A National Oceanic and Atmospheric Administration P-3 Orion sat on the tarmac at Armstrong International Airport on Monday.
It is one of several Hurricane Hunter aircraft flown to New Orleans to escape Hurricane Irma which hit their home base in Florida.
The aircraft and crew fly directly into the eye of a hurricane to gather research data to help predict the path and intensity of the storm.
Commander Scott Price says the best data about the storm is in the storm.
"Being able to get into the environment, collect that data and get that data out to the folks that work the models and generate the forecasts for the public is critically important," Price said.
The NOAA Hurricane Hunters drop sensors that continuously measure barometric pressure, humidity, temperature, wind direction and speed.
There is also a Dopler radar in the tail section and other instruments hanging from the wings of the plane. WWL-TV Meteorologist Dave Nussbaum said the more data collected, the more accurate the forecast.
"Before they started flying into Irma, it showed a landfall somewhere along the Outer Banks of North Carolina," Nussbaum said. "Once they started flying into these systems, they got a better feel for what it is. That data was put into the models and we had a more accurate output and we knew Florida was going to be at ground zero."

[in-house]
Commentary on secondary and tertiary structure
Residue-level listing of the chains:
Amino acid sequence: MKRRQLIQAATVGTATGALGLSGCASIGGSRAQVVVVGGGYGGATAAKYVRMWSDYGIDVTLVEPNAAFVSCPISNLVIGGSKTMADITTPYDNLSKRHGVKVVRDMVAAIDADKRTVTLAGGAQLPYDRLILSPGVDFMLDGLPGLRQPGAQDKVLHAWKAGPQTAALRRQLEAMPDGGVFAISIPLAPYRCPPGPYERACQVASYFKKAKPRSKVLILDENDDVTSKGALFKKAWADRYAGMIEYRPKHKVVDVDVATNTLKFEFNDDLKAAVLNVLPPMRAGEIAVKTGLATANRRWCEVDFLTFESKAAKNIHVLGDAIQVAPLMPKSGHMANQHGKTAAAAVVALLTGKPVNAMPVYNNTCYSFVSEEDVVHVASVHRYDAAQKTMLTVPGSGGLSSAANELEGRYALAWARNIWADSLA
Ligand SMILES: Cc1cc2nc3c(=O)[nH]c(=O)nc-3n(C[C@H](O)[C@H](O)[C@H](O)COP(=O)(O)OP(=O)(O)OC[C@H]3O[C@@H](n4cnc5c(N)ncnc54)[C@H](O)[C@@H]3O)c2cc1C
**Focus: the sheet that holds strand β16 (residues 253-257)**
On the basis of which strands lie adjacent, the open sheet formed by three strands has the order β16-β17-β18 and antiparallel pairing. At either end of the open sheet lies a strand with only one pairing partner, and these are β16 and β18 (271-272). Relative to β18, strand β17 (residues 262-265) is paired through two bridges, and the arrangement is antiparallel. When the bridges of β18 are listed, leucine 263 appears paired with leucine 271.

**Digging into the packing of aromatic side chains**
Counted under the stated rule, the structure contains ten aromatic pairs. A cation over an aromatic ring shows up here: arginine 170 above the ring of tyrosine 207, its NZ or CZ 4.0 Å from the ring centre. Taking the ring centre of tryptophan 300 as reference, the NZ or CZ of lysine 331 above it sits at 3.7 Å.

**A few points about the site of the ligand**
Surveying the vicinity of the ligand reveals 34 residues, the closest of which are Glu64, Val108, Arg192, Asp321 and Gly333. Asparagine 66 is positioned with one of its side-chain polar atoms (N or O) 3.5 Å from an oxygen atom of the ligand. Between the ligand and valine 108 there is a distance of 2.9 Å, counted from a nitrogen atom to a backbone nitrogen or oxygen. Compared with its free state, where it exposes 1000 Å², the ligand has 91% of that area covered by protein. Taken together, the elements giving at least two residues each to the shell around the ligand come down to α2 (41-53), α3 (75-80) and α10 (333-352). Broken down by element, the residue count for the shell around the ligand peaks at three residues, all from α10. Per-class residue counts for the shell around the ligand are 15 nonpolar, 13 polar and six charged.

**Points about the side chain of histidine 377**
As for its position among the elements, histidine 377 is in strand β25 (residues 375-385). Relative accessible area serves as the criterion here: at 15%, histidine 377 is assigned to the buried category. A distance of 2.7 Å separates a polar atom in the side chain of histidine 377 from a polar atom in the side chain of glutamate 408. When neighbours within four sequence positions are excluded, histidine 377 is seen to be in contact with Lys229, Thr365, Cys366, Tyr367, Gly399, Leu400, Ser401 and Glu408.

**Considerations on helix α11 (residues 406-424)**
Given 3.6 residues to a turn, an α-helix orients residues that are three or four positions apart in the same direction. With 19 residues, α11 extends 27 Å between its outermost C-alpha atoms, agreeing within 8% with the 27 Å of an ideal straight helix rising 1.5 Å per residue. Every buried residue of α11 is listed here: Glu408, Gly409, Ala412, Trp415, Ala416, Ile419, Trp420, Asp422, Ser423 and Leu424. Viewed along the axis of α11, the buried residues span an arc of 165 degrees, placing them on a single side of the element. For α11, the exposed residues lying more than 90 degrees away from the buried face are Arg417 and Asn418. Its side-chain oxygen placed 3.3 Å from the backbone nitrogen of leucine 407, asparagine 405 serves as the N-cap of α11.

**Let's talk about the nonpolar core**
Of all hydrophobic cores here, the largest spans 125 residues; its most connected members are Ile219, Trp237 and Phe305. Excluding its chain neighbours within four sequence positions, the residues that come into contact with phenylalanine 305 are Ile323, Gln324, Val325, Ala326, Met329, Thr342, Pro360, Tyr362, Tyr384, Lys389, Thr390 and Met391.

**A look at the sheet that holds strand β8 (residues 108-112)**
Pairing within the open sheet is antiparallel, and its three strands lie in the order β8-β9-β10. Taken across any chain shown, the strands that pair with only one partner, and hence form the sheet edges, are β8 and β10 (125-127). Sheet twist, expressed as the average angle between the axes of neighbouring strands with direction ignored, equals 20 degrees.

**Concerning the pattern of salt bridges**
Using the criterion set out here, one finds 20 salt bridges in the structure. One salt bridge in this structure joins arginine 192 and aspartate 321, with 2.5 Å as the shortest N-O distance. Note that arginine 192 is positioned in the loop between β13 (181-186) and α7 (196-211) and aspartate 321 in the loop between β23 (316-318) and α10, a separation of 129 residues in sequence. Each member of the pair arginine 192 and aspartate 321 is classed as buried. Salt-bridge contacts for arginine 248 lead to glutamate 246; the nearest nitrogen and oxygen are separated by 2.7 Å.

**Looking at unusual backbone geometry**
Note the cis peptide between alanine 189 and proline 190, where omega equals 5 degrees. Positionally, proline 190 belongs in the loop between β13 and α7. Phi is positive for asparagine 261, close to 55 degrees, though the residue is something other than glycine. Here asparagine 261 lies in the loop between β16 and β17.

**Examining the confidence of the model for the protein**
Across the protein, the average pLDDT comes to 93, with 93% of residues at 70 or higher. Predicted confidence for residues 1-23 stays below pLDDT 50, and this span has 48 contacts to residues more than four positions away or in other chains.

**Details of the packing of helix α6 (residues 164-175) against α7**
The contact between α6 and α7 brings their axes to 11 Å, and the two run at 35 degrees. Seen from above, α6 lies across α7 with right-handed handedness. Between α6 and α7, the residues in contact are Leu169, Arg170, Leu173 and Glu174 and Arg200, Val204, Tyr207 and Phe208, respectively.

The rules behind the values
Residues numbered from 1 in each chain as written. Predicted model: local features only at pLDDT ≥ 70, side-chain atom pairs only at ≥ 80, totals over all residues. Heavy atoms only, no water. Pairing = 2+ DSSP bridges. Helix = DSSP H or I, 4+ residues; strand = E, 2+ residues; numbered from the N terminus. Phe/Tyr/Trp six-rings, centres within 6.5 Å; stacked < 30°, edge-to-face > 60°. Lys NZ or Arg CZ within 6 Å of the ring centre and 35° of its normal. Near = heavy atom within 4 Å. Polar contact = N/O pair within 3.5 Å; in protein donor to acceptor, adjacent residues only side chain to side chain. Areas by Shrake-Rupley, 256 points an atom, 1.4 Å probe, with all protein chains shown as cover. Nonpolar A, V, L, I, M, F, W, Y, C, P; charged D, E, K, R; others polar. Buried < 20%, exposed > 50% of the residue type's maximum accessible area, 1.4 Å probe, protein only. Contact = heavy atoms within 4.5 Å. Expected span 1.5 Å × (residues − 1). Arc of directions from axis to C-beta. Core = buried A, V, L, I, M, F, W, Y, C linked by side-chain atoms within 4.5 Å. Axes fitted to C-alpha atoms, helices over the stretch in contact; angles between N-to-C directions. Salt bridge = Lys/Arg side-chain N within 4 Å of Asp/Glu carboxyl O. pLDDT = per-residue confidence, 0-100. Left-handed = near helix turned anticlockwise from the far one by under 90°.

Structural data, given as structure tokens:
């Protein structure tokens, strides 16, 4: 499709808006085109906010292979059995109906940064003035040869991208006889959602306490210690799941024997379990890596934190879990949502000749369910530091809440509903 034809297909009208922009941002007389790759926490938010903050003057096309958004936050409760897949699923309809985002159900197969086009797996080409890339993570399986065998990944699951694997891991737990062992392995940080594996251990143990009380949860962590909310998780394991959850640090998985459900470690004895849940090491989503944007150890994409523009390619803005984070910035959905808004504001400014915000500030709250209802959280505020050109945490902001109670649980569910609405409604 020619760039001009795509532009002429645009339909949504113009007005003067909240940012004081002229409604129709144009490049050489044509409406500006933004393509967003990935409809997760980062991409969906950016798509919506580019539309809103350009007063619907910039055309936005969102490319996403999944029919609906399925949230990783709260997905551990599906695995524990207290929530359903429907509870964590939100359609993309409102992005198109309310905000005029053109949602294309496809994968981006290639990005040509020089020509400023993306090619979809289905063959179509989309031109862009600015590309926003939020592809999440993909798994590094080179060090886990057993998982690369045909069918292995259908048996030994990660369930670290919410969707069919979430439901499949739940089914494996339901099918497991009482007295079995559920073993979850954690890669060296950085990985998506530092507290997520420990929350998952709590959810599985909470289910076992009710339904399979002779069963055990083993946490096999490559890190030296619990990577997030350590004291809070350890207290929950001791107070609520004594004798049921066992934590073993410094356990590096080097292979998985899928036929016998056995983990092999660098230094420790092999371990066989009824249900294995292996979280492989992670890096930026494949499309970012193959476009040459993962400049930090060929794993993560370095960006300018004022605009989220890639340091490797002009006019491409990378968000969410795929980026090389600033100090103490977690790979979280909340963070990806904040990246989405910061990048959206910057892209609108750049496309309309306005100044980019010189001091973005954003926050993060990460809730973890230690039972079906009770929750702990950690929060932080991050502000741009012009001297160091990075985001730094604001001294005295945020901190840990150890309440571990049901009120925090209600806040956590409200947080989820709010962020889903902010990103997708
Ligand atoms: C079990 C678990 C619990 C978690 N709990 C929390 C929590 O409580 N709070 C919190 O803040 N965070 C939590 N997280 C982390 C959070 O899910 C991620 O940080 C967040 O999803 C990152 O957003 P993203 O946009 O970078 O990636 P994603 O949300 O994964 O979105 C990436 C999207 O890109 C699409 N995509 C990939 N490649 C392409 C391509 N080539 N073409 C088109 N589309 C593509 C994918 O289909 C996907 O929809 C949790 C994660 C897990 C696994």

"Irma was a particularly challenging storm to fly," Price said. "It was a a category 4 when we found it, it developed from there, we flew it as a category 5."
Commander Price called Irma one of the most dynamic storms he's flown into during his nine years with the Hurricane Hunters.
"A lot of turbulence," Price said. "A lot of convention. Spectacular view in the eye. We got a really nice view of what they call the stadium effect, so in the eye it was calm and you could see the wall of clouds and wind around you."
Hurricane Hunters don't just fly into a storm. They also fly above it and around it to get a feel for the entire weather system.
"It isn't just now finding where the center is and how strong it is, it's finding the entire environment around the system there and multiple times," Nussbaum said.
Price and his crew are now expected to be called on to fly into the next storm on deck, Hurricane Jose.
"We're very proud of what we do," Price said. "We are proud to have the opportunity to do what we do and to serve."